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Retirement “Savings Gap” Exaggerated, Says New Report

Measures of U.S. workers’ savings and expenses need to be more accurate, experts say.

Here’s the dirty little secret of the retirement industry: Experts know that their widespread, dire warnings of a “retirement savings gap” may be exaggerated.

Retirement experts now say there’s no way to calculate the true number. Nevertheless, everyone assumes there is a significant gap. After all, Americans generally are lousy at saving, with a rate approaching zero today. The financial crisis undoubtedly made their situation worse. And the risks of assuming that people are saving enough are much worse than the risks of overplaying the problem.

“There is a danger we’re overstating what I instinctively believe is a shortfall,” says Alan Glickstein, a senior retirement consultant at the New York City–based consulting firm Towers Watson. “But I wouldn’t overstate this to the point where I’d say everything is fine.”

One problem in trying to define the gap is that “no one is aggregating all the current accounts,” explains Martin Schmidt, a benefits consultant and an adviser with the Institutional Retirement Income Council, a trade group for plan sponsors whose mission is to morph defined contribution plans into sources of retirement income security.

Consultants like Schmidt and Glickstein, along with recordkeepers like Vanguard Group — key sources of data — usually report only the dollars in their clients’ existing retirement plans. But with workers changing jobs multiple times, and companies themselves merging and reorganizing their benefits programs, these reports don’t capture the 401(k) account balances that may have been left behind in a previous plan. Nor do they include nonworkplace portfolios, such as Individual Retirement Accounts. Schmidt thinks that only 5 to 10 percent of participants include such outside accounts when filling out their benefits information at work. That means that millions of dollars are probably not included in the periodic surveys from these firms.

Glickstein says that Towers Watson and other firms have created computer algorithms to estimate the missing dollars. “If you know the employee’s work history and you know what they currently have with their employer, you can make an assumption that they have something similar for the years they weren’t with the employer,” he says. Still, he admits this is hardly ideal. “What uncertainty do you create by making assumptions?” he asks.

The Federal Reserve and other government agencies are better at finding complete data on all account balances, says Stephen Utkus, director of Vanguard’s Center for Retirement Research (who doesn’t dispute the limits of Vanguard’s database). But the Fed’s respected Survey of Consumer Finances is updated only every three years.

Another widely cited government report, the Census Bureau’s Current Population Survey (CPS), has the opposite problem when it looks at income, according to Utkus and others. In a recent paper, three officials at the Social Security Administration warn that the report understates IRA and 401(k) withdrawals, and totally ignores the portfolios themselves, because it measures only “regular,” annuity-type distributions. However, “most IRA distributions are irregular,” the authors say, and “very few DC plan participants take their retirement distributions as annuities.” They add, “As retirees increasingly rely on periodic distributions from DC plans and IRAs, the problem of under-reporting pension income in the CPS could become increasingly serious.”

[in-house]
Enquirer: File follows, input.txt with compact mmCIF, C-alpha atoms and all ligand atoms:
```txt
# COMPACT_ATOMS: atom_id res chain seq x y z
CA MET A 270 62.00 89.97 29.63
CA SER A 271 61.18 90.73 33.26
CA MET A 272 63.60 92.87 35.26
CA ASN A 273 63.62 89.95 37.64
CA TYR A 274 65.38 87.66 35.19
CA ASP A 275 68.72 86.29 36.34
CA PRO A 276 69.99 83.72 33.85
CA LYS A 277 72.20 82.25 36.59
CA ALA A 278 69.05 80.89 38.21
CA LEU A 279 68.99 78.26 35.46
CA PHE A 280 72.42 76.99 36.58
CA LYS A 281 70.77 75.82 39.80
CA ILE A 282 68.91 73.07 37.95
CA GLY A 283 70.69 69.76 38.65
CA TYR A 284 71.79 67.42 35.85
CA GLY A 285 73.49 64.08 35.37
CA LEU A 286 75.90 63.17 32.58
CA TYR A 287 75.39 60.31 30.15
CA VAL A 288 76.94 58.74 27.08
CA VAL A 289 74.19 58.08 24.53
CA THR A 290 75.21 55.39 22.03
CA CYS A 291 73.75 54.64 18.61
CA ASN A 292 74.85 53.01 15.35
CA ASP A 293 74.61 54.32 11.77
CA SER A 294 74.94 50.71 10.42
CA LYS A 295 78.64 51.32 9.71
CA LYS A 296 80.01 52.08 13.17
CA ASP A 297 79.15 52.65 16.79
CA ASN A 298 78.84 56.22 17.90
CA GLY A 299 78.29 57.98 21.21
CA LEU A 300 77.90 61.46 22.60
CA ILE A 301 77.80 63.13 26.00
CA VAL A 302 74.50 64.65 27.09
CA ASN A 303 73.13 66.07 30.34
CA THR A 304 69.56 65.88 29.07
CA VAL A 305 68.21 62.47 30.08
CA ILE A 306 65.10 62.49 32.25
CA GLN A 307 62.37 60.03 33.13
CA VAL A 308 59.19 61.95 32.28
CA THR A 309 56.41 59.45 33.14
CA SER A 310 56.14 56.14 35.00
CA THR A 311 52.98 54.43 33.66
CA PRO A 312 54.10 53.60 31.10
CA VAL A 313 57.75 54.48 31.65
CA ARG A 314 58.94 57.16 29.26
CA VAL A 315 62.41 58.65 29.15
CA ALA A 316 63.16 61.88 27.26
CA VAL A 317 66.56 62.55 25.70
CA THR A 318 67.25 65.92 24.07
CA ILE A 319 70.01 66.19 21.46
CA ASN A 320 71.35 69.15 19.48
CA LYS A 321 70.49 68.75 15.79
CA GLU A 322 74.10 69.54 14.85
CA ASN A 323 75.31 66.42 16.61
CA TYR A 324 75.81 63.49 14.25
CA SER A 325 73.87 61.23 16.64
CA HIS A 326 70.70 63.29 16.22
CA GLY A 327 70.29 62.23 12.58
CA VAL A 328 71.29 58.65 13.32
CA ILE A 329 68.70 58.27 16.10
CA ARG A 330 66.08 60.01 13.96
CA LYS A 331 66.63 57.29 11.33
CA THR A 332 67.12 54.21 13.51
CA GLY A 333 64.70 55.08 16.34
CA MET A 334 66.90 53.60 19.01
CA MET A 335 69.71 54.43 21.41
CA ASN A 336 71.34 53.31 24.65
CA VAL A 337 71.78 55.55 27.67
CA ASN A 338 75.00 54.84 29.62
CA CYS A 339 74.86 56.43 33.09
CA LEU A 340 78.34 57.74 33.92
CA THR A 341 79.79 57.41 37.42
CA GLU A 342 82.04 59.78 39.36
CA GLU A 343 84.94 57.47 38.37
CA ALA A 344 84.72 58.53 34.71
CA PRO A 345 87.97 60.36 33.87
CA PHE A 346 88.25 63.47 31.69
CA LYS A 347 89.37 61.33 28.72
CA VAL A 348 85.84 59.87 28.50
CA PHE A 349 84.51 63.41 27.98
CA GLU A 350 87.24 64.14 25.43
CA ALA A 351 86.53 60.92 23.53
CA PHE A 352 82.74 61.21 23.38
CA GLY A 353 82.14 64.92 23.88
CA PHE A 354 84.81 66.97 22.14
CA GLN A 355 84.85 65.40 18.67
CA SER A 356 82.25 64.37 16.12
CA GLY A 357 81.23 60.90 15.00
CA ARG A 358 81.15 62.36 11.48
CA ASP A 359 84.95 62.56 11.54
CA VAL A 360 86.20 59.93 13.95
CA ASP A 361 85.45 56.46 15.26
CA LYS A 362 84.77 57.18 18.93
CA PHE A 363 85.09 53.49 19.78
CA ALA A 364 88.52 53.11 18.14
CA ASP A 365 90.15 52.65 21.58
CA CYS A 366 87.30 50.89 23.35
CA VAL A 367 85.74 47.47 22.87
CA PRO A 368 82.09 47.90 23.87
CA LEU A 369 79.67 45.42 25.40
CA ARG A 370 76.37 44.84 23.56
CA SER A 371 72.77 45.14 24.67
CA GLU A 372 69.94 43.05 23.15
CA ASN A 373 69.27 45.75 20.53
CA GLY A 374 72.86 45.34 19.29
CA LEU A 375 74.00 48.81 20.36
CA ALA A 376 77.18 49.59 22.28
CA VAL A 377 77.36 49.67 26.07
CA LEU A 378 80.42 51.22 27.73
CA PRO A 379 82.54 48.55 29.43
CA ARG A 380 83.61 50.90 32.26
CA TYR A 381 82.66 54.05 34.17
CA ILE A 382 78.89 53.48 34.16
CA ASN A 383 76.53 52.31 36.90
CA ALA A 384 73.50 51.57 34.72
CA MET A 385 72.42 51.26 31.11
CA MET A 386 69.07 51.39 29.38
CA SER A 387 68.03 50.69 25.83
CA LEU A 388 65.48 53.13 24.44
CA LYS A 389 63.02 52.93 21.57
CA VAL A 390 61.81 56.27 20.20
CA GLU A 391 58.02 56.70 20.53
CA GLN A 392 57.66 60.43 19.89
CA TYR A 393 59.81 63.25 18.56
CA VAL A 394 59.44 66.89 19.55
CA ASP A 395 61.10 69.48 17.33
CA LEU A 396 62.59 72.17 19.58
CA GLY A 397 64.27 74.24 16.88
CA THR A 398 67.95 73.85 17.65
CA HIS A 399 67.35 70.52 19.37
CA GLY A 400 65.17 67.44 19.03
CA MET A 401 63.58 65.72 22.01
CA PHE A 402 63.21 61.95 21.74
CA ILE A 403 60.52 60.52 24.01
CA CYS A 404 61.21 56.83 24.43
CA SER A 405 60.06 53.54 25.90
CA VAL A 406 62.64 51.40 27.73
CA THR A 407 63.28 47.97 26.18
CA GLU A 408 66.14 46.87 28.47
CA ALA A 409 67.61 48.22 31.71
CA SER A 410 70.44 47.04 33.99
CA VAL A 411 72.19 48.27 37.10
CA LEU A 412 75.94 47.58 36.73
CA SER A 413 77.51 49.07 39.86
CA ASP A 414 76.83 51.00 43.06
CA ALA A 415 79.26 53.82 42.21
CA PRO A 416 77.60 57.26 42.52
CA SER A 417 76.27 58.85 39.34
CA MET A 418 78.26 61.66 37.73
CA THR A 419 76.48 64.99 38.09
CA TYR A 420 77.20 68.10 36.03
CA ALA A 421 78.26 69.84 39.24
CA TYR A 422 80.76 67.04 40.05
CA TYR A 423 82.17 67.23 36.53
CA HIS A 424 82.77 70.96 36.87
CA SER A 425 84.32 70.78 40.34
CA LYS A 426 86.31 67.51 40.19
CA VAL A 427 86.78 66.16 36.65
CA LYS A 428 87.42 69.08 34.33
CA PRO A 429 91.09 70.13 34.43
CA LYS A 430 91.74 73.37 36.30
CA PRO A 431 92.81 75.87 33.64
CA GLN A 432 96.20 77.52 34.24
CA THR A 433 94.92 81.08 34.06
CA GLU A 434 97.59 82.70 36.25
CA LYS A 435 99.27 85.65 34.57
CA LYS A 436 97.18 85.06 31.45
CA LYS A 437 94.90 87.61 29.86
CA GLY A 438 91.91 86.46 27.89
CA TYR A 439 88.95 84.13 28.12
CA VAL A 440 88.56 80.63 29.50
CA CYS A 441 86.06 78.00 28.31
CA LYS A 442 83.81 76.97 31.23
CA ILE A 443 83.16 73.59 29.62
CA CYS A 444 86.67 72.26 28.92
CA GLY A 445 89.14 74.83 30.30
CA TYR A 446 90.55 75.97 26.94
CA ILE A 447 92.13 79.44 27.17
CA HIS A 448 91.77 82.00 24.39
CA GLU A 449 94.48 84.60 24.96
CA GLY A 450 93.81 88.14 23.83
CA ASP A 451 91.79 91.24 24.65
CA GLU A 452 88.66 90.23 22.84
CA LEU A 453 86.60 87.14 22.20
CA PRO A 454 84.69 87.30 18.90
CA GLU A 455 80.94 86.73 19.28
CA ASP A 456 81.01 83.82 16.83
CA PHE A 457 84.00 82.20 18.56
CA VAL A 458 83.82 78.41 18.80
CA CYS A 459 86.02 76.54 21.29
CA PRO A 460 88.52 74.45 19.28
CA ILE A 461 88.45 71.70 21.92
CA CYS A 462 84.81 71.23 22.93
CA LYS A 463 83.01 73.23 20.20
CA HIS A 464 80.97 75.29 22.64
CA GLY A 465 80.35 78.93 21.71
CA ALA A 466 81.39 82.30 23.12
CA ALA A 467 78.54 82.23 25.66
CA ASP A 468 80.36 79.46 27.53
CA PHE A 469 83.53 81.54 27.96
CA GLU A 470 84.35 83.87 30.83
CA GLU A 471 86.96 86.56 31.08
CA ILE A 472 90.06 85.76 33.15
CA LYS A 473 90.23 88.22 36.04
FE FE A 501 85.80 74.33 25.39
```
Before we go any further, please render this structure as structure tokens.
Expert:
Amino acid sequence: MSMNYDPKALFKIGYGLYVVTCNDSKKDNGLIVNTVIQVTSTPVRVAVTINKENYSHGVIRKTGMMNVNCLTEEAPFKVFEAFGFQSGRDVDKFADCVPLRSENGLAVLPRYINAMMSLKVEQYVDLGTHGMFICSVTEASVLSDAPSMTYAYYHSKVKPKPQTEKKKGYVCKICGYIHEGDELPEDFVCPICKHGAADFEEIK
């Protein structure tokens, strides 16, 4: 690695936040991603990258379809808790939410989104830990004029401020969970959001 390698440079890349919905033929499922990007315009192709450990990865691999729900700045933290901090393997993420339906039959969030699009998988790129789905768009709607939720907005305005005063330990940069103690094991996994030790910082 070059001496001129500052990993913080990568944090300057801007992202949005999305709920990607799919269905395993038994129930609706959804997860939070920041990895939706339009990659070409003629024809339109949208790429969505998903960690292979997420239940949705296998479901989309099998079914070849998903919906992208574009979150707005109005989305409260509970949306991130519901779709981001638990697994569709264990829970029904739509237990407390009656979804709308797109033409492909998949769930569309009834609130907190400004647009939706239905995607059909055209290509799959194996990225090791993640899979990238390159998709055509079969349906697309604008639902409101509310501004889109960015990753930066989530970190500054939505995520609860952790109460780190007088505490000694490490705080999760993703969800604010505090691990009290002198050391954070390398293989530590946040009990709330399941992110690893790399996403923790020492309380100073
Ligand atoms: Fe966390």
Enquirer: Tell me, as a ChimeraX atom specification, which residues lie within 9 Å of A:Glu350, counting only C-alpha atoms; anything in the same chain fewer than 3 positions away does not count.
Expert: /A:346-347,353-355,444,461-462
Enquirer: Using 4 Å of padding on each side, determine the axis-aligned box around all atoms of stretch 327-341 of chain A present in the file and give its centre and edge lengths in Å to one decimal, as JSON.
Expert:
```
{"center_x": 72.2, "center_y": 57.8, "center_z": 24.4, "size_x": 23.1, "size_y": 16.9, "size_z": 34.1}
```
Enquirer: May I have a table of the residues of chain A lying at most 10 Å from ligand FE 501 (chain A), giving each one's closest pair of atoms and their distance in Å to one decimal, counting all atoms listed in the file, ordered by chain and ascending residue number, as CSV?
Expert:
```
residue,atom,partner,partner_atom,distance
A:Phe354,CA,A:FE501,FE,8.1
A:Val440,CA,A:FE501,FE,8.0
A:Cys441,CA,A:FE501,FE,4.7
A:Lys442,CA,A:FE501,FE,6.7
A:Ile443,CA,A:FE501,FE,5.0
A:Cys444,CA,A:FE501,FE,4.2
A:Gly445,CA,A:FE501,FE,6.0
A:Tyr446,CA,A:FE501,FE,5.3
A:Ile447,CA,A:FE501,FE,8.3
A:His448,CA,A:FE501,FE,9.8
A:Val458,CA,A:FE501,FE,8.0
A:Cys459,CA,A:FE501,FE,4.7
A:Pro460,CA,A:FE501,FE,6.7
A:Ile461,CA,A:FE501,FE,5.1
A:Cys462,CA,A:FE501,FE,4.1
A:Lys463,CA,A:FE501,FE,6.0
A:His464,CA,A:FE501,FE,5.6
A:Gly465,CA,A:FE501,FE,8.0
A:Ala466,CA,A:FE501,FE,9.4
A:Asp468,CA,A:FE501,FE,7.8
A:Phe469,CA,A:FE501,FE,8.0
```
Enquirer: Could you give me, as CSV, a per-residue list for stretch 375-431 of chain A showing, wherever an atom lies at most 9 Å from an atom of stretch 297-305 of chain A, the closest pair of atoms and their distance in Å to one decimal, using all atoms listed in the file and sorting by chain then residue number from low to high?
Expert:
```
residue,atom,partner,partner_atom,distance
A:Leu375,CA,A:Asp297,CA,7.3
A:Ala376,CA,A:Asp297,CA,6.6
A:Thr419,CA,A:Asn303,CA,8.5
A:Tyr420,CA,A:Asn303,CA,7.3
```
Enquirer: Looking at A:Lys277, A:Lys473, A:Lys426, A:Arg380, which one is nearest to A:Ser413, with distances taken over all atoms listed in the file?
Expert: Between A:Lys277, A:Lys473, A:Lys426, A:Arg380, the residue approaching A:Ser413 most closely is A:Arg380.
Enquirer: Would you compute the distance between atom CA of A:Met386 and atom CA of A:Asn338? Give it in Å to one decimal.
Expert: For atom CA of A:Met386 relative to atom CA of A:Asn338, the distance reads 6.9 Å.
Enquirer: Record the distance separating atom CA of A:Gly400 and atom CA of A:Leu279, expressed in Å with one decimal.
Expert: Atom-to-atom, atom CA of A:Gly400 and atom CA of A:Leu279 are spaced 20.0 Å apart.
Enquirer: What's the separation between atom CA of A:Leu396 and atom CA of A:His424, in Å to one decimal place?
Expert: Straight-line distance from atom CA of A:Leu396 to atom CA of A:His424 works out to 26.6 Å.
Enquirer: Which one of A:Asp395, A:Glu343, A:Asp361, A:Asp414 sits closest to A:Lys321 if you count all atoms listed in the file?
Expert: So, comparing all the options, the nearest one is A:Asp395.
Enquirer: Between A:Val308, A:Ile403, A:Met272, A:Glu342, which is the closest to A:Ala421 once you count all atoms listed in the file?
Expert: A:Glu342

Moreover, says Glickstein, many government databases rely on self-reporting by employees, which is notoriously haphazard.

In any case, even when the numbers are relatively accurate they are interpreted too negatively, according to Utkus. For instance, he says that gloom-mongers pounce on studies that say only half of Americans have saved enough for retirement. However, “it’s not that the other half of Americans are completely unprepared,” he continues. “There’s 30 or 35 percent of them that are doing something. Maybe they’ve saved almost enough.”

Yet if the pension world is too pessimistic on the savings side, it is too optimistic regarding expenses, warns Jack VanDerhei, research director of the Employee Benefit Research Institute. Most important, he says, most models ignore nursing-home costs, which average nearly $75,000 a year. About 69 percent of people who live past 65 will need nursing homes or other long-term care, according to VanDerhei, yet only 10 percent have private long-term care insurance.

“There is nothing that is more likely to take a family that seems to have enough money for retirement, and end up destroying their possibility for having adequate income, than a prolonged stay in a nursing home,” he says.

So what’s the net result? Does the under-reporting of expenses balance out the under-reporting of assets? “It’s hard to know, because they mess up both sides of the equation,” VanDerhei shrugs.

In the face of such uncertainty, exaggerating the gap might seem like the safest course. At worst, people would save too much, and what’s the harm in that? Plenty, as it turns out. “People may take on more risk than they need in their asset allocation, exposing themselves to volatility,” Schmidt says. They might also put too much into retirement accounts, shortchanging other needs, or work longer than necessary, thus blocking the career path for younger workers.

Still, the industry consensus is that overoptimism is even worse. “You don’t want to be Pollyannaish,” Utkus says. “We still need to give guidance to the people who need to take some important action to save more.”

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